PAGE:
MINIMAX - Minimal drug use for maximal effect

Effectiveness of introducing and promoting diagnostics and paediatric-dosage pre-packed medicines for acute febrile illnesses and diarrhoea to private sector drug shops in Uganda

“Fever” is the most common symptom of the diseases that kill 10 million children per year in families around the world. The main killer diseases malaria and pneumonia both present with fever and rapid breathing and these symptoms overlap in one third of sick children in Ugandan health centres, (see Figure below). Fever also overlaps with diarrhoea, the third killer disease. Without diagnostic tests health workers do not know which drug to give to one child out of three. In Uganda where more than 10% of children die before their fifth birthday we have found that many children dying from pneumonia had indeed first been treated with malaria drugs. And Oral Rehydration Solution including zinc is rarely given in fever treatment despite the symptom overlap with fever.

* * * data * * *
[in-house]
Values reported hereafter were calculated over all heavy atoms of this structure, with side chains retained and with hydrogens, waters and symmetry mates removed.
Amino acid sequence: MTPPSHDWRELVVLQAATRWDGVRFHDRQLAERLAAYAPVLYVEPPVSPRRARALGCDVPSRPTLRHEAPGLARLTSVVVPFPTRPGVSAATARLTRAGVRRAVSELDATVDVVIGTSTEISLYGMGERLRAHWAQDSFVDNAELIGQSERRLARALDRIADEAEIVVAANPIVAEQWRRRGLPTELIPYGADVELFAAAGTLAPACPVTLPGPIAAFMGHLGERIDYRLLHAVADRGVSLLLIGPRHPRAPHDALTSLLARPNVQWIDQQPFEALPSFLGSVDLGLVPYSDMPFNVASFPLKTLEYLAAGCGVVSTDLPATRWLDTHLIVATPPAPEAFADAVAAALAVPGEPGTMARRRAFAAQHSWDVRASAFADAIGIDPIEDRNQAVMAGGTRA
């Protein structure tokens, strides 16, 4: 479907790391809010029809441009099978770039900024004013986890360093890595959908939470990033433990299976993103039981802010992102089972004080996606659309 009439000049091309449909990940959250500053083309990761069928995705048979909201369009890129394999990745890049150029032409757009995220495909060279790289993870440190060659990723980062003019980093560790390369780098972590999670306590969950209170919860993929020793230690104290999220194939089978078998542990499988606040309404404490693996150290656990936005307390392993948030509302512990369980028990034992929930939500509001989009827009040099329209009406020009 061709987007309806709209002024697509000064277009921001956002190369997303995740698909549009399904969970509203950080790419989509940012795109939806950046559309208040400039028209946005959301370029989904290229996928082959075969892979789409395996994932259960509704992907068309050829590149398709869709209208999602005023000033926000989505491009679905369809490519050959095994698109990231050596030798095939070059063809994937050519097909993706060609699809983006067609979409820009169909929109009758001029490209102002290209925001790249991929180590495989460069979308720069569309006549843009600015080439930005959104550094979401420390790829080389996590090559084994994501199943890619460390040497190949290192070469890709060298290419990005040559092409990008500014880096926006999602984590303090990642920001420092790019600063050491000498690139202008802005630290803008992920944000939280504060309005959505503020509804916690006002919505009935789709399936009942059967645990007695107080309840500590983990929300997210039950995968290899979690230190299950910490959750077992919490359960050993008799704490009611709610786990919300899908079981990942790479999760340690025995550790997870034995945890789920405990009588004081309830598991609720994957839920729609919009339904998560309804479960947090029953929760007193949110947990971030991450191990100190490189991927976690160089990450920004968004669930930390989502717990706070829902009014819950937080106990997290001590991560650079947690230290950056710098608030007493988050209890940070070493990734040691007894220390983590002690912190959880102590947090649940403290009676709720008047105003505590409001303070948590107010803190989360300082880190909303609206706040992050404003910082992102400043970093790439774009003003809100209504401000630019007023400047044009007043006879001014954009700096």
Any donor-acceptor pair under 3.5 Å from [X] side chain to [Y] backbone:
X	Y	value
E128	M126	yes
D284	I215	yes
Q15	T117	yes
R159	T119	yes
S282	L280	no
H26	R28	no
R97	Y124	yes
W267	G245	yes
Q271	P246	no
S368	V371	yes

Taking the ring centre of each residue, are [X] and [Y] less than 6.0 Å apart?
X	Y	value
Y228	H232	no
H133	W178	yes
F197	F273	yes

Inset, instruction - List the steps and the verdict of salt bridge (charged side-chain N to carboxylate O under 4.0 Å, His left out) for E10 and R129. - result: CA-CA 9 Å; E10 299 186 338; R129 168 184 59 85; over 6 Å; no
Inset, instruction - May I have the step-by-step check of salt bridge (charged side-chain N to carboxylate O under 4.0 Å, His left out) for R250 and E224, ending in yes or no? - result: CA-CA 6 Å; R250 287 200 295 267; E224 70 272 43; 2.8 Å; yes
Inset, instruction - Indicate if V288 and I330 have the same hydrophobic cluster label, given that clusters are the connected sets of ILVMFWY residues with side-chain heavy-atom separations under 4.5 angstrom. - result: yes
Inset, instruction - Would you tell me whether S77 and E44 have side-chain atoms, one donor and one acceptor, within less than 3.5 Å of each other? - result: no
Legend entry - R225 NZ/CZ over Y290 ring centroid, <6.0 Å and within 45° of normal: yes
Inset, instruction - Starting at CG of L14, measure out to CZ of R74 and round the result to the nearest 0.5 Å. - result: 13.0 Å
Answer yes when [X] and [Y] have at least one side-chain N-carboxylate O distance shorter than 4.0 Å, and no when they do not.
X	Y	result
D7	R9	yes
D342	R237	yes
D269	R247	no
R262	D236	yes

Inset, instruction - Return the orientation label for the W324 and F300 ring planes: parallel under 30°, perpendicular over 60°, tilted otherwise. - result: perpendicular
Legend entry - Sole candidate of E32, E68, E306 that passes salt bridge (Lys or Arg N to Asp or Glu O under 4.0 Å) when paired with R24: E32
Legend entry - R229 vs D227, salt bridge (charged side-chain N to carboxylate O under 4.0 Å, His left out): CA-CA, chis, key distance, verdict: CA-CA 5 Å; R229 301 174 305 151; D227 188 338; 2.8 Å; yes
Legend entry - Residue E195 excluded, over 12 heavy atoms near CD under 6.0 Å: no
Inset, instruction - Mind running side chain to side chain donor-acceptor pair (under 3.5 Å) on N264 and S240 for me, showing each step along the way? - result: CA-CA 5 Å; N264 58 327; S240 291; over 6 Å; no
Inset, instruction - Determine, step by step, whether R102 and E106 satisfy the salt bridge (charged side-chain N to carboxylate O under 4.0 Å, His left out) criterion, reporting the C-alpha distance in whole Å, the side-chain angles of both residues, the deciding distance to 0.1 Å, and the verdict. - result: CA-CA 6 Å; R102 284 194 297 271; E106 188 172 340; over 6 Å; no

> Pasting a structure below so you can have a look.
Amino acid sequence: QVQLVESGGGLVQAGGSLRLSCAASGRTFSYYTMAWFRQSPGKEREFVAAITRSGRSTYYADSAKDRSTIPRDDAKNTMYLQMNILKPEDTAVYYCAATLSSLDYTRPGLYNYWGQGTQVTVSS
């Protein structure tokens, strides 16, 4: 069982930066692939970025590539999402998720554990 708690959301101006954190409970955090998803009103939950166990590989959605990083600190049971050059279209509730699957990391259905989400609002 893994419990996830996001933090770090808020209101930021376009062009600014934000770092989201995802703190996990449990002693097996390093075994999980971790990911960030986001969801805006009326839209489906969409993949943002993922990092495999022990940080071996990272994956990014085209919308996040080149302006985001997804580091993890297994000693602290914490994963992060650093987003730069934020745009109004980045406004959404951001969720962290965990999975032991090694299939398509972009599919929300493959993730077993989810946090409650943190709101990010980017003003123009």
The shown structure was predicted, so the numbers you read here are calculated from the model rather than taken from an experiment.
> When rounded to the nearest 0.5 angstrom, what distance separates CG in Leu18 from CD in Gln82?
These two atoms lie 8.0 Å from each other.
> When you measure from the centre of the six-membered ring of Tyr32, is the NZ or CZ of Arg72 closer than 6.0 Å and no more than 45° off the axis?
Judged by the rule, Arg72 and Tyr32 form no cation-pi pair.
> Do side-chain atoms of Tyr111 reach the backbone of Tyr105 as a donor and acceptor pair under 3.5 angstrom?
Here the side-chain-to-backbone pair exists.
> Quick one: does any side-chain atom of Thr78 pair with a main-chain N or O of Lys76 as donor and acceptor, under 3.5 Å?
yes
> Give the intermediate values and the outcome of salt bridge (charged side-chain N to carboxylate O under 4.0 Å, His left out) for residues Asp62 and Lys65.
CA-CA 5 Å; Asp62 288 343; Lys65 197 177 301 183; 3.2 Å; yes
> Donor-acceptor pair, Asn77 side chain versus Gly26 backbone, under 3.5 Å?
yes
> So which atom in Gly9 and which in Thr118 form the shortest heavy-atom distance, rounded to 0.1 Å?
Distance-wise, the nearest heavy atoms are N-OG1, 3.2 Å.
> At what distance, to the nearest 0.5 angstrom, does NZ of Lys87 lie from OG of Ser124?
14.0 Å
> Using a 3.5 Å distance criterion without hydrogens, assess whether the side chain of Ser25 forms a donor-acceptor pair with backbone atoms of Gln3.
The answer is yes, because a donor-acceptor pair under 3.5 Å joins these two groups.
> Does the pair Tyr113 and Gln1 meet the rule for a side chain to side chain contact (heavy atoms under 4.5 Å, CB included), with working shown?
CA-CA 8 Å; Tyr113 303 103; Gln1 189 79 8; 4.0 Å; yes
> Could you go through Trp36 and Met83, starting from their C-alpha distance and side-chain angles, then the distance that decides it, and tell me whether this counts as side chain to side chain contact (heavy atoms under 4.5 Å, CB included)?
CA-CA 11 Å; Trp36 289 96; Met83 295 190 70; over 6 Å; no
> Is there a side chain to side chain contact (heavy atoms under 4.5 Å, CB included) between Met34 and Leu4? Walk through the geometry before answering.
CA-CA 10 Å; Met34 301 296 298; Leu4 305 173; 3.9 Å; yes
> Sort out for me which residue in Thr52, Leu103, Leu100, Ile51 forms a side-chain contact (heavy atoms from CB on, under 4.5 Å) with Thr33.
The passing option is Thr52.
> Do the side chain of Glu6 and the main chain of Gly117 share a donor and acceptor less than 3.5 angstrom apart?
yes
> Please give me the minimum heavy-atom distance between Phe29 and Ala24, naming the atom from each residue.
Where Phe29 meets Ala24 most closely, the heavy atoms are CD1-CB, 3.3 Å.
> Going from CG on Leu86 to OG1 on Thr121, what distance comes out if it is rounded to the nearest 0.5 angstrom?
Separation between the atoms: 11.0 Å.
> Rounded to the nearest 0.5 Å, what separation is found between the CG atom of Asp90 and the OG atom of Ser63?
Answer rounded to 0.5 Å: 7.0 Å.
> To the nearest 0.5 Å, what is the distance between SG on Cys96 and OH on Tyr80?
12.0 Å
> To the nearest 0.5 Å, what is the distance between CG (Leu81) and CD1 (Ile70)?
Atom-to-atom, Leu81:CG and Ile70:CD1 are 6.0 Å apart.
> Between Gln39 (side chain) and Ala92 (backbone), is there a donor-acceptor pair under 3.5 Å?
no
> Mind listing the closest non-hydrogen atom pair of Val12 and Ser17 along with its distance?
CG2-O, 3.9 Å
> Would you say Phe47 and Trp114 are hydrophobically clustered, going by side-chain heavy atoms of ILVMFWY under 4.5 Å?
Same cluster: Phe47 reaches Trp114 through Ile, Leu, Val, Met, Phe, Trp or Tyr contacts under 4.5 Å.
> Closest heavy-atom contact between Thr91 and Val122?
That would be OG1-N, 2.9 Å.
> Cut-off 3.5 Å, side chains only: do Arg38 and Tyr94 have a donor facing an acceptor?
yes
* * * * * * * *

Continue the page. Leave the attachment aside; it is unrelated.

Many sick children do not have access to good quality health services. In rural Uganda we found that two thirds of febrile children were treated at home with drugs from informal drug sales in the ubiquitous private shops. However, children mostly get old and ineffective drugs from these small shops, while the drug resistance is mounting …. Yet new and effective drugs exist, but only miles away in the closest public health center. Meanwhile the nearby private sector provider is disregarded, even though this is where most mothers bring their sick children!

The objective of the Minimax project is to assess the feasibility and effects of introducing and promoting paediatric-dosage pre-packed drugs for acute febrile illnesses (malaria and pneumonia) and/or diarrhoea in private sector outlets in order to contribute to rational use of drugs and child survival. In Uganda under collaboration between Makerere University (Department of Community Health and Behavioural Sciences), the Karolinska Institutet (Sweden) and the Swiss anti-malarial drug development giant Medicines for Malaria Venture, we will specifically:

 


MINIMAX publication

Awor P, Wamani H, Bwire G, Jagoe G, Peterson S. Private Sector Drug Shops in Integrated Community Case Management of Malaria, Pneumonia, and Diarrhea in Children in Uganda. Am J Trop Med Hyg. 2012;87(5):92-96.

Here you can find more information on Makerere University and Extending AMFm to Integrated Case Management of Malaria, Pneumonia and Diarrhoea in Drug Shops in Uganda.